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Tuesday, April 23, 2024

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Day two of David Pecker testimony wraps in NY Trump trial; Supreme Court hears arguments on Idaho's near-total abortion ban; ND sees a flurry of campaigning among Native candidates; and NH lags behind other states in restricting firearms at polling sites.

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The Senate moves forward with a foreign aid package. A North Carolina judge overturns an aged law penalizing released felons. And child protection groups call a Texas immigration policy traumatic for kids.

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Wyoming needs more educators who can teach kids trade skills, a proposal to open 40-thousand acres of an Ohio forest to fracking has environmental advocates alarmed and rural communities lure bicyclists with state-of-the-art bike trail systems.

Activists: Redrawn NY congressional maps unfair to minority voters

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Friday, February 23, 2024   

New York activists are voicing serious concerns about the state's new congressional maps.

The state's top court ordered new voting-district maps to be drawn by an independent commission last year, but critics of the new maps point out they are similar to 2022 maps, which favored Republican candidates. Groups have signed a letter demanding state lawmakers create new maps to prevent districts where majority-white communities overrule the needs of people of color.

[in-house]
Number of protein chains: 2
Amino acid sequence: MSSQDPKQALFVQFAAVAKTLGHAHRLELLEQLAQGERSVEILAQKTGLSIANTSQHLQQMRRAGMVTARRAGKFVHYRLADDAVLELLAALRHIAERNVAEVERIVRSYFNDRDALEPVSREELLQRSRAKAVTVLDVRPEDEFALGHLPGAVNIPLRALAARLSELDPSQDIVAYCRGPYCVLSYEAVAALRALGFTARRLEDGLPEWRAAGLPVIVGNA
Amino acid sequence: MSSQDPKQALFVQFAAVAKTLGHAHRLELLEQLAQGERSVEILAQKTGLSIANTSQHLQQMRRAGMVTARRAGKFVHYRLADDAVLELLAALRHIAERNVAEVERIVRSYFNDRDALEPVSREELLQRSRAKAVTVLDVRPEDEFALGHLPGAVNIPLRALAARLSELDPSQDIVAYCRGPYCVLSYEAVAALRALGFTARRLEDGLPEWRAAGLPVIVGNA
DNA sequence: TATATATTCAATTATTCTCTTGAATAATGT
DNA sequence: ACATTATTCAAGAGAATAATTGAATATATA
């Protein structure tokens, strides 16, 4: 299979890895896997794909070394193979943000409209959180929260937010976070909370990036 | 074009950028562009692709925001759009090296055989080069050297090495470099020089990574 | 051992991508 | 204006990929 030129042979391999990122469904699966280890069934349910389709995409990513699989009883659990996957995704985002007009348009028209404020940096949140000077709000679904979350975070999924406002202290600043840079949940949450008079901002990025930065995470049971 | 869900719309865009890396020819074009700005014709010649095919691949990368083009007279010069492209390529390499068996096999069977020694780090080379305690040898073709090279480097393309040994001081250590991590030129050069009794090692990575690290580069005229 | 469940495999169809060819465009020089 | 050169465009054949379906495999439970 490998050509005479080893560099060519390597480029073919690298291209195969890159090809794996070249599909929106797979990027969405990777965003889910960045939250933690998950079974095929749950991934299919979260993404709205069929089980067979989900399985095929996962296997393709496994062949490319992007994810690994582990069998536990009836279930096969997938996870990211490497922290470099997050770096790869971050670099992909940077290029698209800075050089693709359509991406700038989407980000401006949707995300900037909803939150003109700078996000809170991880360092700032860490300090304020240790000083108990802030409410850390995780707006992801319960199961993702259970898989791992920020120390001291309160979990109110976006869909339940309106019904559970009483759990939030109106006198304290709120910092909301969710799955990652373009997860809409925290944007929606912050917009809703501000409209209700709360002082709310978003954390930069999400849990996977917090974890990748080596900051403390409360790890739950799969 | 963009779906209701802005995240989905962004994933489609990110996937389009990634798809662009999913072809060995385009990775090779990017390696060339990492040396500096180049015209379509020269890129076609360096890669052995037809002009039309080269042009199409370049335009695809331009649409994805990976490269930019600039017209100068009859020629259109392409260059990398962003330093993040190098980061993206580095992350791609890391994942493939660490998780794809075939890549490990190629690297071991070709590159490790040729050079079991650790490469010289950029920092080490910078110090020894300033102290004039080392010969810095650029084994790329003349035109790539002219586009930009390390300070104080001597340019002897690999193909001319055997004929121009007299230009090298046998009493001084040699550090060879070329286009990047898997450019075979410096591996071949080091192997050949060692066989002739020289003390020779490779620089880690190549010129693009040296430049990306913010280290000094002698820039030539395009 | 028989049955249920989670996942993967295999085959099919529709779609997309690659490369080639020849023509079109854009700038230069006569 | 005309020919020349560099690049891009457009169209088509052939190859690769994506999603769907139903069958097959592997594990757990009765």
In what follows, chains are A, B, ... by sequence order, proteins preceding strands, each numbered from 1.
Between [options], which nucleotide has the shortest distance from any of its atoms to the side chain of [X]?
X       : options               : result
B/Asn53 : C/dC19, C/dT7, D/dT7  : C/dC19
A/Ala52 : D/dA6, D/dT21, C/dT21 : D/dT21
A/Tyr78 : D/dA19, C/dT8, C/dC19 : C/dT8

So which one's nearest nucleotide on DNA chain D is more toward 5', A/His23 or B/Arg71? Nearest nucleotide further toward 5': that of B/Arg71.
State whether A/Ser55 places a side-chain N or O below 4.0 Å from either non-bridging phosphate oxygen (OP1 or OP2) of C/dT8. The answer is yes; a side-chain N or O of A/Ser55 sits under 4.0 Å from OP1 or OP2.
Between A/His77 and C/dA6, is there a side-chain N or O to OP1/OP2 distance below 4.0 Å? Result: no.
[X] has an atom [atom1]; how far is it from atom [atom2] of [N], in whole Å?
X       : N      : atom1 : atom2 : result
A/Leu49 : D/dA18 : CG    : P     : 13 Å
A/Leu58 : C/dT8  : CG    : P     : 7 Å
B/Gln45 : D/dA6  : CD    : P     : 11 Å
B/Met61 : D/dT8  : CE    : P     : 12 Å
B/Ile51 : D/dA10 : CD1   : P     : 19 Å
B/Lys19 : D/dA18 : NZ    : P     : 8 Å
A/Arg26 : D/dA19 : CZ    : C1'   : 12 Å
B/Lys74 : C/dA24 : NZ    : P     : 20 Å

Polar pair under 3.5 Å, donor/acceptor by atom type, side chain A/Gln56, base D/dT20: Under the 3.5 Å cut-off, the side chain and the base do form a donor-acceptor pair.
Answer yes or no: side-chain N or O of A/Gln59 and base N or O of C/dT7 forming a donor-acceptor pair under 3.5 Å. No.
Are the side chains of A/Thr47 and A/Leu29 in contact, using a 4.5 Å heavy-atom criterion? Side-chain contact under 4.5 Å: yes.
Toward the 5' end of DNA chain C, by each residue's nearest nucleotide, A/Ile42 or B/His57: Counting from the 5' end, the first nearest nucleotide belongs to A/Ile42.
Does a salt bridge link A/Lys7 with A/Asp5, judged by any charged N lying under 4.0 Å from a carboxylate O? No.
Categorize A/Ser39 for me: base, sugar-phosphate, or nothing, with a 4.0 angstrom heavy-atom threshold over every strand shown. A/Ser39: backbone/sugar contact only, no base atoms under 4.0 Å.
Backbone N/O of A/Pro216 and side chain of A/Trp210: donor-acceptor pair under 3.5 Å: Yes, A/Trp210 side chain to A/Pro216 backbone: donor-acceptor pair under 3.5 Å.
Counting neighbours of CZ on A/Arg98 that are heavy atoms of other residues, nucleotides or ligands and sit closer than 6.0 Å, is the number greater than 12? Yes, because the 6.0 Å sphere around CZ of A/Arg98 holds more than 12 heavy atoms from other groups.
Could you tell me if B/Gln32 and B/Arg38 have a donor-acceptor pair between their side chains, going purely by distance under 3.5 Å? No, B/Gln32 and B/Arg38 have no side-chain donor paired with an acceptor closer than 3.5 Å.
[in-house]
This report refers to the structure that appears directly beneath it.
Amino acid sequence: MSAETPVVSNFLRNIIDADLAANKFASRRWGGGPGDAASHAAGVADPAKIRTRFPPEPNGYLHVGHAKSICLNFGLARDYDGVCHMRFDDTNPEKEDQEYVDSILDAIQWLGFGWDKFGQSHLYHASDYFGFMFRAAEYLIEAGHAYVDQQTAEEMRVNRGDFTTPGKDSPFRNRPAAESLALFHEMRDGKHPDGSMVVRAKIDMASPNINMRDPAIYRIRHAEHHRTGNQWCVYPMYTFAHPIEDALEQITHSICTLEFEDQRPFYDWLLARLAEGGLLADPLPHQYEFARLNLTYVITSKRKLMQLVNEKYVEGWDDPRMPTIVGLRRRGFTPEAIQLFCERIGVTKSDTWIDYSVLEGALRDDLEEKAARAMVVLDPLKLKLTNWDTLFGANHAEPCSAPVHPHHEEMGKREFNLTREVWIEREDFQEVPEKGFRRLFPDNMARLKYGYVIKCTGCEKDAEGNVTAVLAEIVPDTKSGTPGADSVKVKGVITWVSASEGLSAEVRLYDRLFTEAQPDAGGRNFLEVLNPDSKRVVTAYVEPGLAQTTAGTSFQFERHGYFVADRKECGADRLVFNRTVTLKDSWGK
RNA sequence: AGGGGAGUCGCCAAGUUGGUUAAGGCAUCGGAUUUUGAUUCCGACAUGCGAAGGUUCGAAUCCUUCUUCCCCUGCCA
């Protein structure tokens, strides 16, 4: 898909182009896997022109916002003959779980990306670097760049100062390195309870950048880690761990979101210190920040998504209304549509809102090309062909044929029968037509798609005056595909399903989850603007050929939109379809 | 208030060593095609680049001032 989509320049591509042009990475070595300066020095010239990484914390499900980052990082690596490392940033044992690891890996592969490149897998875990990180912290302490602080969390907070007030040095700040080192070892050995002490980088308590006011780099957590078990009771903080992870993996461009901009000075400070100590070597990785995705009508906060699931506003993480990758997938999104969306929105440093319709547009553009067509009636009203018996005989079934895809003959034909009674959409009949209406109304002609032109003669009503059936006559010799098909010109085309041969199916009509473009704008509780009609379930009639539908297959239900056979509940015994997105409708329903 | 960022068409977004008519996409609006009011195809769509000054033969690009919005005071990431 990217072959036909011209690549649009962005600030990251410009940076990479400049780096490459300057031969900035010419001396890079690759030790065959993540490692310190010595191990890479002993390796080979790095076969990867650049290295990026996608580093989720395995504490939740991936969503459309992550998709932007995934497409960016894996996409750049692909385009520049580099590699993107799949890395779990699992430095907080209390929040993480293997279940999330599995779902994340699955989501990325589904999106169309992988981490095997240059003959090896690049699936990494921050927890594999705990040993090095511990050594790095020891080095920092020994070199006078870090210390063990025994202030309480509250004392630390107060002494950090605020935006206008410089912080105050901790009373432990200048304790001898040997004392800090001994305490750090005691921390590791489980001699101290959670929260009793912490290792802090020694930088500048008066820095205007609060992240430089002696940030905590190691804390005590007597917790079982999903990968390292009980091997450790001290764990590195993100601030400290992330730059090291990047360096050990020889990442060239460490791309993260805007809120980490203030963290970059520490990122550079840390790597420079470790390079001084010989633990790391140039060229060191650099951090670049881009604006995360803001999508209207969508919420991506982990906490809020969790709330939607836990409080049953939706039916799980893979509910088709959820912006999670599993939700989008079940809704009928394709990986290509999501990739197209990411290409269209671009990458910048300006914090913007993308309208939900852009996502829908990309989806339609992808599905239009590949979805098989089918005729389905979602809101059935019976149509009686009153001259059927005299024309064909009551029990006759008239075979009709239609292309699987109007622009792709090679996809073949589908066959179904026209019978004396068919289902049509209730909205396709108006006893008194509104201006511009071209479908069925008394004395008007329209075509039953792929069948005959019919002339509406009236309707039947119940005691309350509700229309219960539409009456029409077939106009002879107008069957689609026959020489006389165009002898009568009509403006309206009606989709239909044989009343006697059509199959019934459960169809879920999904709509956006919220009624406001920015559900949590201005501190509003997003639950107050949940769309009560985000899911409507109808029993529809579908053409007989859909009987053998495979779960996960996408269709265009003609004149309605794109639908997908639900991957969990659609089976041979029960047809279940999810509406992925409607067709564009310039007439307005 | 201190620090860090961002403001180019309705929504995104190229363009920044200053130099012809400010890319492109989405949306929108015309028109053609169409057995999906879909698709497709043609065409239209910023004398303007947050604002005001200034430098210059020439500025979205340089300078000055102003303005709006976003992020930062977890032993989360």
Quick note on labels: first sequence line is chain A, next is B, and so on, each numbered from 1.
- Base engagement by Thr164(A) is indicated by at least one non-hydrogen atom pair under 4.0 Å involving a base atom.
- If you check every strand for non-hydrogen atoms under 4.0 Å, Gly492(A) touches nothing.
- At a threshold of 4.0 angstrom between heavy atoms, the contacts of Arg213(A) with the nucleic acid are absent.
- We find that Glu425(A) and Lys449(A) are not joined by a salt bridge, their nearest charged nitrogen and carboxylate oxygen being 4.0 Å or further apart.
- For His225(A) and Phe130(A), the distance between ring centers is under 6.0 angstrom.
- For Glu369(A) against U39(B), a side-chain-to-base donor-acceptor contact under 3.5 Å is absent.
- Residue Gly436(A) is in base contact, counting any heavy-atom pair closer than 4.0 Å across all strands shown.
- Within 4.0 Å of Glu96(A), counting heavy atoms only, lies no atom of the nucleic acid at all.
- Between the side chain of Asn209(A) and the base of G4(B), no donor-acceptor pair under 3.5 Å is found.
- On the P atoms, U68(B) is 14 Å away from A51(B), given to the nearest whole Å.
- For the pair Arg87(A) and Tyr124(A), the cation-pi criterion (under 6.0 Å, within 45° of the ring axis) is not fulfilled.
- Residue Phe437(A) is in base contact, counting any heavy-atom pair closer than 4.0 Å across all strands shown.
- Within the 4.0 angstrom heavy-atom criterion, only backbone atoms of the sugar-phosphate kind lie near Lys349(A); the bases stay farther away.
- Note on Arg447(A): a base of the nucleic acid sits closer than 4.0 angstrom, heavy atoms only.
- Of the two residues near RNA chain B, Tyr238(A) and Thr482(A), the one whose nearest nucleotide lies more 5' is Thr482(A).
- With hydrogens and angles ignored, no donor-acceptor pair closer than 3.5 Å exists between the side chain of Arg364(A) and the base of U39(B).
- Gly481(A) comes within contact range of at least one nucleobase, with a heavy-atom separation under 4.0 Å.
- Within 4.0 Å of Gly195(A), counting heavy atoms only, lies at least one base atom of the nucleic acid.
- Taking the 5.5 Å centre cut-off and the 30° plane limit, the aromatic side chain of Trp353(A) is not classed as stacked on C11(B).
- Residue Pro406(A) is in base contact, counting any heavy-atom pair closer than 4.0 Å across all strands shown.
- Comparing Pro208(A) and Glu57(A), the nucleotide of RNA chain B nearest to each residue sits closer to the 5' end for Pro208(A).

Tamika D. Mallory, co-founder of the social justice group Until Freedom, said the new maps could lead to low voter turnout.

"When people don't see candidates that they believe in, people that they trust and people who they know have a real, true understanding of the dynamics of their community and their needs," she said, "people do not feel motivated to go to the polls."

She likened the current situation to Southern states, now engaged in lengthy legal battles to redraw district maps that disenfranchised Black voters. Given the ire of voters and lawmakers, it's uncertain whether New York's maps will be approved, but new maps are needed soon for April's presidential primary and the November general election.

As community needs differ from one to the next, Mallory said she worries about how the new maps could affect the distribution of resources. She added that neighborhoods shouldn't be broken by congressional lines that would skew district issues.

"Those communities are able to stay together, vote together," she said, "and ultimately put people in place that have the type of mindset and political agenda that will enhance the needs and serve the needs of the people."

Mallory said there's plenty of community feedback from people concerned about having elected officials they once voted for no longer representing them. But polls show around 85% of Americans are unfamiliar with their state's legislative redistricting. Even so, 24% say they're dissatisfied with how it's been handled.


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